This is the last year wind energy projects can qualify for the federal production tax credit (PTC), but at 40% or 1¢/kwh, it’s unlikely the subsidy will drive the construction of many new megawatts. Current development activity is mainly tied to projects that safe-harbored turbines in 2016 (100% PTC), 2017 (80%) and some in 2018 (60%) and must be operational before the end of 2020, 2021, and 2022 respectively. Projects unable to meet these deadlines have a negative outlook.
Logistical issues relating to turbine and equipment deliveries could impact the number of MWs installed. This is due largely to fewer MWs constructed in 2017 and 2018 relative to safe-harbored turbines leaving only 1½ – 2 years for a substantial amount of proposed wind to be placed in service. Targeted communities are experiencing intense pressure right now as wind developers lose patience over delays. Some projects are certain to be cancelled. Windaction is also tracking possible increases in project-related accidents and component failures similar to those reported in 2012 when the Section 1603 cash grants sunset. Rushed development raises legitimate public safety concerns.
Despite positive press to the contrary, losing the PTC could prove a blow to Big Wind. Low natural gas prices and competition from other renewable energy projects (including wind) have placed significant downward pressure on the price project owners can demand for their wind energy. These low prices are balanced by the enormity of the PTC’s value relative to project cost. At full value, the PTC with depreciation deductions totals around 50 percent of project cost. New projects will have to fill the void left when the PTC expires. Turning to conventional project finance will mean raising prices making wind power less competitive. There is already evidence that prices are going up.
It’s possible Congress may extend the PTC but the chances of success are limited. Opening the public purse again for an industry that’had 5-years to plan is a tough sell. This is especially true if cost matters.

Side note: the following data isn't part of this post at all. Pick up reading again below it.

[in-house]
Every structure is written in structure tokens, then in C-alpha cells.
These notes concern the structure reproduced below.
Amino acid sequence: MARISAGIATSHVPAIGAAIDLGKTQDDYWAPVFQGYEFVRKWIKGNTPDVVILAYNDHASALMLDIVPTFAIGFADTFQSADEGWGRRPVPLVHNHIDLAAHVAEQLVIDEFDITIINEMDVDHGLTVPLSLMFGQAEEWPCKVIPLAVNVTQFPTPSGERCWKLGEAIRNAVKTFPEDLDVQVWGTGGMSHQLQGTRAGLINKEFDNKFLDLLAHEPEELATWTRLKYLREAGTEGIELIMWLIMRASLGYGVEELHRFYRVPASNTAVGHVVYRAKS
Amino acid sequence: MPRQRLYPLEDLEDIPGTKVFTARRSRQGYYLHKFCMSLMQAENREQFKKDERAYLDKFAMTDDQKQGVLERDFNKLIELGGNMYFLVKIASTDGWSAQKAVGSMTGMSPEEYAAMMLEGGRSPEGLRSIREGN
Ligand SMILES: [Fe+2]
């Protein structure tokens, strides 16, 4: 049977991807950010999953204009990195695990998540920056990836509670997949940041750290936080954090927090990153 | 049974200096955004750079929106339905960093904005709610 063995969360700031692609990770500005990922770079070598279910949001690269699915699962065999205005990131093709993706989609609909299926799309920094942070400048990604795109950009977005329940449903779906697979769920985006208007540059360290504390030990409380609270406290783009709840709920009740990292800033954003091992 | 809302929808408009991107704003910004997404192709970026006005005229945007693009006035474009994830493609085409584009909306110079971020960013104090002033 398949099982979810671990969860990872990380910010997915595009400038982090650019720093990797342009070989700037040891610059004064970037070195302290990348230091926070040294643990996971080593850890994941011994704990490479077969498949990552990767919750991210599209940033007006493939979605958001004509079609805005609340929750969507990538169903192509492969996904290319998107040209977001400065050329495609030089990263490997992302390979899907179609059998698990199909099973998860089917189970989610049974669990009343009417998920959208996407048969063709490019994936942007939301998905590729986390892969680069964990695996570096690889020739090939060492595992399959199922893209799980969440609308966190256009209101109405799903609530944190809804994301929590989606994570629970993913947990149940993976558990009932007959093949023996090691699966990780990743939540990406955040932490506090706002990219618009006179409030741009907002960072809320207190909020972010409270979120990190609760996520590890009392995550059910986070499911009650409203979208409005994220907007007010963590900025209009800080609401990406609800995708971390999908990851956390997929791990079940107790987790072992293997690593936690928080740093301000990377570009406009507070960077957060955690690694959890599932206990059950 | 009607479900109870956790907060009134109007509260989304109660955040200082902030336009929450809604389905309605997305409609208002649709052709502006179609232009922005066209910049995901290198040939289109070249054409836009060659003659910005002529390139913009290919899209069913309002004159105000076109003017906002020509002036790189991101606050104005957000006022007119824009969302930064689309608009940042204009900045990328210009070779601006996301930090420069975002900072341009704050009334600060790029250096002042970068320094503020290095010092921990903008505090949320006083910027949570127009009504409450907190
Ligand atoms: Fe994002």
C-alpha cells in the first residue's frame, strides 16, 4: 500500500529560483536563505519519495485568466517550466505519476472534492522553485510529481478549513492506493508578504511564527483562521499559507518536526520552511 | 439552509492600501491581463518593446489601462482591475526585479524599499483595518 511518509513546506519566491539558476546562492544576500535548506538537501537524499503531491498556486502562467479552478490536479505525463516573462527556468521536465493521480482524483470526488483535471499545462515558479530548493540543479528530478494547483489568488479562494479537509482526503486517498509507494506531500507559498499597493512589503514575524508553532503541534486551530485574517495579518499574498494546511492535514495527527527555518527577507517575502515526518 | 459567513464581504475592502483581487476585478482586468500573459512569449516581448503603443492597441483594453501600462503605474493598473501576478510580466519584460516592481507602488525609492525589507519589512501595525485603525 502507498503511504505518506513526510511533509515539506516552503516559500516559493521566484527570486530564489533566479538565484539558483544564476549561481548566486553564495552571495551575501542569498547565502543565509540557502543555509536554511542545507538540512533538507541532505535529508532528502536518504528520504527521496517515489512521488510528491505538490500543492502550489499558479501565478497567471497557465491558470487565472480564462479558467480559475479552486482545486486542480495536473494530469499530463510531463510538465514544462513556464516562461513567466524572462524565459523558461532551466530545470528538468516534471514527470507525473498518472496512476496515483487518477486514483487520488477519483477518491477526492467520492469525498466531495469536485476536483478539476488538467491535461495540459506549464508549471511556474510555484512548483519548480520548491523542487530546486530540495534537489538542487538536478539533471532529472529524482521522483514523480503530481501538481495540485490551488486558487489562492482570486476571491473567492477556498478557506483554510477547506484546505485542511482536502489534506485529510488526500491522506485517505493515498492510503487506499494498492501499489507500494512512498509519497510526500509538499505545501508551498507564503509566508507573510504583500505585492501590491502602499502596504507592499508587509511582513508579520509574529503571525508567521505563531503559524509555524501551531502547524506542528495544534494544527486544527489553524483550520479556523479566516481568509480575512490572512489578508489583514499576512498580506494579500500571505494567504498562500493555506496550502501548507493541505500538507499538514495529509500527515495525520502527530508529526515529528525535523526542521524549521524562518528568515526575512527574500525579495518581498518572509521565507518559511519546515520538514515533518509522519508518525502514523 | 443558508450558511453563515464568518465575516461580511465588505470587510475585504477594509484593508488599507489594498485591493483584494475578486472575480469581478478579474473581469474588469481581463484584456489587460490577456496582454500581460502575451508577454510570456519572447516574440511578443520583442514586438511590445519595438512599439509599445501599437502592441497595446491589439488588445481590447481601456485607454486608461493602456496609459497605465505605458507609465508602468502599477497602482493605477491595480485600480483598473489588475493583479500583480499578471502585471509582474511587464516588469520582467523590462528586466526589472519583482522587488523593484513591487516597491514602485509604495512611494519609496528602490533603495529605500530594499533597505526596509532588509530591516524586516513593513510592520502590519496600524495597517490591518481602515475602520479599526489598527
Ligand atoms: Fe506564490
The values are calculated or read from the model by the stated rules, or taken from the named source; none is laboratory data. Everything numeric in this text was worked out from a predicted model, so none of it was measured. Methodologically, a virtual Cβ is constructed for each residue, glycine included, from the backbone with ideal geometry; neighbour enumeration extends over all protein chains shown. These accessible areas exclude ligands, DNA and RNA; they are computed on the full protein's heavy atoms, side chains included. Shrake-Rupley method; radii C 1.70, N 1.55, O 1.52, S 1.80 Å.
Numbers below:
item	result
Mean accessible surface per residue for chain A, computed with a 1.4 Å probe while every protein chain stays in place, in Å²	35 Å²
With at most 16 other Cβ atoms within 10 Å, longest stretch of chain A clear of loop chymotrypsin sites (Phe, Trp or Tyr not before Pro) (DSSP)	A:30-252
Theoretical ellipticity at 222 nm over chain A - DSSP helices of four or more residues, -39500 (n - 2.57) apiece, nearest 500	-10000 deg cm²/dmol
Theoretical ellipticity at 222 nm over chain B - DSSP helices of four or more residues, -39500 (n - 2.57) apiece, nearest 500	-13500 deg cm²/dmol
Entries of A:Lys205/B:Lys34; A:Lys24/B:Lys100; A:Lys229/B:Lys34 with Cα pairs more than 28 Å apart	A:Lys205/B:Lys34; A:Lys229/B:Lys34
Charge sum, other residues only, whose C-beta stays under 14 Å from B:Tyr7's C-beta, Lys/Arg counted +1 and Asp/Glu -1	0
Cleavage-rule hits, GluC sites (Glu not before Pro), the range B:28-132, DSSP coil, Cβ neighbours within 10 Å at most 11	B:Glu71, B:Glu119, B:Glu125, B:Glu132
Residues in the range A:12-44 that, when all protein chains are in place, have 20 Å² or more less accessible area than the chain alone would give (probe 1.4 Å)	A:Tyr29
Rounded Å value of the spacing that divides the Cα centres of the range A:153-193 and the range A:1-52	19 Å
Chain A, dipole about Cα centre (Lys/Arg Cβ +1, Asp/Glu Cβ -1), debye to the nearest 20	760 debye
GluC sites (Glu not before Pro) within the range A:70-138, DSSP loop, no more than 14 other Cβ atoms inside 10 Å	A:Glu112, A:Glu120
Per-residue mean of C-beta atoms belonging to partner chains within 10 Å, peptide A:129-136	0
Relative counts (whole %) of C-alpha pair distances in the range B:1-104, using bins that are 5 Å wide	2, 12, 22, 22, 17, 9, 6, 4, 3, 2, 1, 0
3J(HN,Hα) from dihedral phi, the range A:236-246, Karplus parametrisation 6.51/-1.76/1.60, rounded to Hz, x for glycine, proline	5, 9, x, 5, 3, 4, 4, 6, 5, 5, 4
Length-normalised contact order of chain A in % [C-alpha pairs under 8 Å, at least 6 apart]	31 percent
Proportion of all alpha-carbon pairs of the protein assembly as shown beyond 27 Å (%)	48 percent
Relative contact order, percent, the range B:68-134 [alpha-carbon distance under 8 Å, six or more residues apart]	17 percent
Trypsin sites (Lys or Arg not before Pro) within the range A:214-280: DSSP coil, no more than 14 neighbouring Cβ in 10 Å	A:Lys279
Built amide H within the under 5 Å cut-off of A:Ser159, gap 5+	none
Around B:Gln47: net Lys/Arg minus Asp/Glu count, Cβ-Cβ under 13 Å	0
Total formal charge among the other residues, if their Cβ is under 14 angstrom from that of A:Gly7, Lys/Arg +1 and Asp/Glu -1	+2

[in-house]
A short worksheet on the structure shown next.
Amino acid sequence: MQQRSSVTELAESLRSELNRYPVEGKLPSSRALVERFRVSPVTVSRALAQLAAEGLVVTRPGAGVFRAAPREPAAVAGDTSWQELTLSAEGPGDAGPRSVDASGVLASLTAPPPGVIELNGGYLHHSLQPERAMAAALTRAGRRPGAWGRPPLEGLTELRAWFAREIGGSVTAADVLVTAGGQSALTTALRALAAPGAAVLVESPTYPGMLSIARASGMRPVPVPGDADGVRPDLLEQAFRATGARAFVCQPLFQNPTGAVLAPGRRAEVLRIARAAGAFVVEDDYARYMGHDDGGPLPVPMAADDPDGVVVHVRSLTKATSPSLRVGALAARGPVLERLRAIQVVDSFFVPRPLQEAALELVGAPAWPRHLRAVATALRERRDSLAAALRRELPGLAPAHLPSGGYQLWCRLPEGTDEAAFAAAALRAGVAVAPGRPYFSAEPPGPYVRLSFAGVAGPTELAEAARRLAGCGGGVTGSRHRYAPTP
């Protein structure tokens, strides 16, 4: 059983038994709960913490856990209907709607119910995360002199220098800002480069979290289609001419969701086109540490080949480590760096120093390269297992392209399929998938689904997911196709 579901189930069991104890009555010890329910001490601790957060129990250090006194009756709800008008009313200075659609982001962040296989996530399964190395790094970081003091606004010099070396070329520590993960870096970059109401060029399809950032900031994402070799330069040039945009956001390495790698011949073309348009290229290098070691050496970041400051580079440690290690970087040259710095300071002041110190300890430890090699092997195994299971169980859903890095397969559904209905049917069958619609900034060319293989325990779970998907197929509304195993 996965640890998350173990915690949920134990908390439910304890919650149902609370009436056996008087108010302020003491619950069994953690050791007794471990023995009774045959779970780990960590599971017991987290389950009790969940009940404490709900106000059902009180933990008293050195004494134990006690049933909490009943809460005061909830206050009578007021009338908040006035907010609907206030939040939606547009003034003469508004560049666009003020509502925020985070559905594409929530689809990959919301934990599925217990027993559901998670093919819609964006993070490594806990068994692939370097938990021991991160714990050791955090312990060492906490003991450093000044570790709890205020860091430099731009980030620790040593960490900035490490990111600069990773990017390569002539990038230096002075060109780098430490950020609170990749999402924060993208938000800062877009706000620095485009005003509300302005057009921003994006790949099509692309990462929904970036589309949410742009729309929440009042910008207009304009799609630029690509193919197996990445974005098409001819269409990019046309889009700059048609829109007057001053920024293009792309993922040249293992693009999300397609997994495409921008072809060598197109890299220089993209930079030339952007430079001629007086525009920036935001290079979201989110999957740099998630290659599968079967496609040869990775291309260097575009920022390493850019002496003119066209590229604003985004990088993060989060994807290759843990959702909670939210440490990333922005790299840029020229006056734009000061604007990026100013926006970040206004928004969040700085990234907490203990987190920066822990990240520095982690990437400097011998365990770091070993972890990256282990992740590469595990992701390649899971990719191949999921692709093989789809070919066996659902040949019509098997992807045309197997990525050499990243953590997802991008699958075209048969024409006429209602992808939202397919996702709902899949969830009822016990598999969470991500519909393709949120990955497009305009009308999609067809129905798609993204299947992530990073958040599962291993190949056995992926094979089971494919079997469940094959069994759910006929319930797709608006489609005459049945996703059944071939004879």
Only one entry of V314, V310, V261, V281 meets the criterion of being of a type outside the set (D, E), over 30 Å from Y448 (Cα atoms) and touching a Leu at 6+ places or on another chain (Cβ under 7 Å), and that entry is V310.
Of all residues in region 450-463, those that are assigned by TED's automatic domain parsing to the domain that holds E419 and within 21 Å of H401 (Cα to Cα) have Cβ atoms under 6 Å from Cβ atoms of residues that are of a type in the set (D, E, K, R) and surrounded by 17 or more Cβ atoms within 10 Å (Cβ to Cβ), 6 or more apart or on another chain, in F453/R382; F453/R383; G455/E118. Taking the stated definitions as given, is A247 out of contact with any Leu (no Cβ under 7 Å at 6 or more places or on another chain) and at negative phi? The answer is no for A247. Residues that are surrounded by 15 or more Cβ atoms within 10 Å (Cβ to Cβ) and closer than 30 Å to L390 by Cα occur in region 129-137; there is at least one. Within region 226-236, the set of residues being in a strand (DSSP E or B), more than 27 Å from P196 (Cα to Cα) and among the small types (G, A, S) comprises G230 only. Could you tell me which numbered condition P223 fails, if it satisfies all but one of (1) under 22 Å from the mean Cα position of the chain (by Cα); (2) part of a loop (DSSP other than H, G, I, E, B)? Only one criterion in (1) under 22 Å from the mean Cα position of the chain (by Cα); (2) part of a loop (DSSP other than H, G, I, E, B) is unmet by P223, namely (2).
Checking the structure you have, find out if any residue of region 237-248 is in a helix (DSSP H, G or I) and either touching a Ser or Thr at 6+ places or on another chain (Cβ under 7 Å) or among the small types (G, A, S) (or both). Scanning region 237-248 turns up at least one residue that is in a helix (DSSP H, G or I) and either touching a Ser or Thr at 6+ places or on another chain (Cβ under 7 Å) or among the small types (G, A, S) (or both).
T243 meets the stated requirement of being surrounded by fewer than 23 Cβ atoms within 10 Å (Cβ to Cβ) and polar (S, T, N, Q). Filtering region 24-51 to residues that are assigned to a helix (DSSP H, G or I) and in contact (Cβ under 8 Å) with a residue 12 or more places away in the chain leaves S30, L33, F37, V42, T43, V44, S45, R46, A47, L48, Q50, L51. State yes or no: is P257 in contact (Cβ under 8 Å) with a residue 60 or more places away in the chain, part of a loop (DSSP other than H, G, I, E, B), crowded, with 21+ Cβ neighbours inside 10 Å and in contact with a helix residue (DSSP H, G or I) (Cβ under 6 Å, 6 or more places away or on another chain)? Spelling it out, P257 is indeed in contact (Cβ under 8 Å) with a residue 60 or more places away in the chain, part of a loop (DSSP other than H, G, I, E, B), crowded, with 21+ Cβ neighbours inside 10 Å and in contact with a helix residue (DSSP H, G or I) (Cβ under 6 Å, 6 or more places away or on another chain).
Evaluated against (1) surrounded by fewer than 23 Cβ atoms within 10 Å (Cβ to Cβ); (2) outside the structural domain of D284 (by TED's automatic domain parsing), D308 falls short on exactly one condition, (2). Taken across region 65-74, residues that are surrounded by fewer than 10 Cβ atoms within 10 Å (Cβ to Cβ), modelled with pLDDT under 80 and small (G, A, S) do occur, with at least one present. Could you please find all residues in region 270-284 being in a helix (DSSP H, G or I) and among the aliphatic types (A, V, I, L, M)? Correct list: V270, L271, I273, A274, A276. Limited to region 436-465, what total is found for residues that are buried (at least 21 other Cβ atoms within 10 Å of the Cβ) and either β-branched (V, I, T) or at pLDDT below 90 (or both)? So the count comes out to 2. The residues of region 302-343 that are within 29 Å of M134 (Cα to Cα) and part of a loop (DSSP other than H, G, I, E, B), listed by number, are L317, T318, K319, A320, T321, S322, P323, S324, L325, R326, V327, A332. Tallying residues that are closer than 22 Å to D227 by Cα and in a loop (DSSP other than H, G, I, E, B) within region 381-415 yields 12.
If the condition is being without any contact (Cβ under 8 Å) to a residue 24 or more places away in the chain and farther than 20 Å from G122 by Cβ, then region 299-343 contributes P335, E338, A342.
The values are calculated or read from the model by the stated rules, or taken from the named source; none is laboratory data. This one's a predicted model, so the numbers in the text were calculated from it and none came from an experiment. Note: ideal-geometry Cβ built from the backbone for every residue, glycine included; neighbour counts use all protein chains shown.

Under the current scheme, the annual cost of the PTC (wind) and ITC (solar) combined exceeds $9 billion in 2021 before tapering off. In total, the cost of the PTC/ITC is estimated at $60.7 billion from 2020 through to 2029. To put this into perspective, the PTC and ITC represent the two most expensive energy subsidies and combined are the 39th most expensive federal expenditures of the Treasury out of 165 line items. Any extension of the PTC would further increase these costs.
|ESTIMATES OF TOTAL INCOME TAX EXPENDITURES FOR FISCAL YEARS 2019-2029
(in millions of dollars)
Table totals from corporations and individuals (Source: US Department of Treasury)
As deadlines near, project developers could seek concessions from the IRS regarding the 4-year construction window but we would expect any consideration to be consistent with the excused delays outlined in the agency’s 2013-29 notice relating to events outside a developer’s control (i.e. weather conditions, natural disasters, and delays in obtaining permits or licenses from federal, state, local, or Indian tribal governments). For example, Vineyard Wind, which hopes to install 800 MW of wind off the shores of Massachusetts, is pressing the IRS for an extension due to delays in securing a positive decision on its EIS. 
It should be noted that the IRS recently amended its guidance pertaining to national security concerns. Projects delayed due to military objections are now eligible for additional time (up to 4 years) from the IRS.
In another month, the wind PTC will finally expire after twenty-seven years. Taxpayers will still be on the hook for billions more in PTCs through the next decade but the burden should not increase. In that time, the wind industry has grown significantly reaching over 100,000 MW and now mainstreamed into the US electricity market. Big Wind is no longer a nascent industry, but one that must stand on its own, whether it’s ready or not.
 Wind energy developers have the option of making an irrevocable election to receive a 30% investment tax credit in lieu of the PTC. For offshore, this is the more likely scenario given the high capital cost to construct projects. Under the phase-down, the ITC benefit is similarly reduced.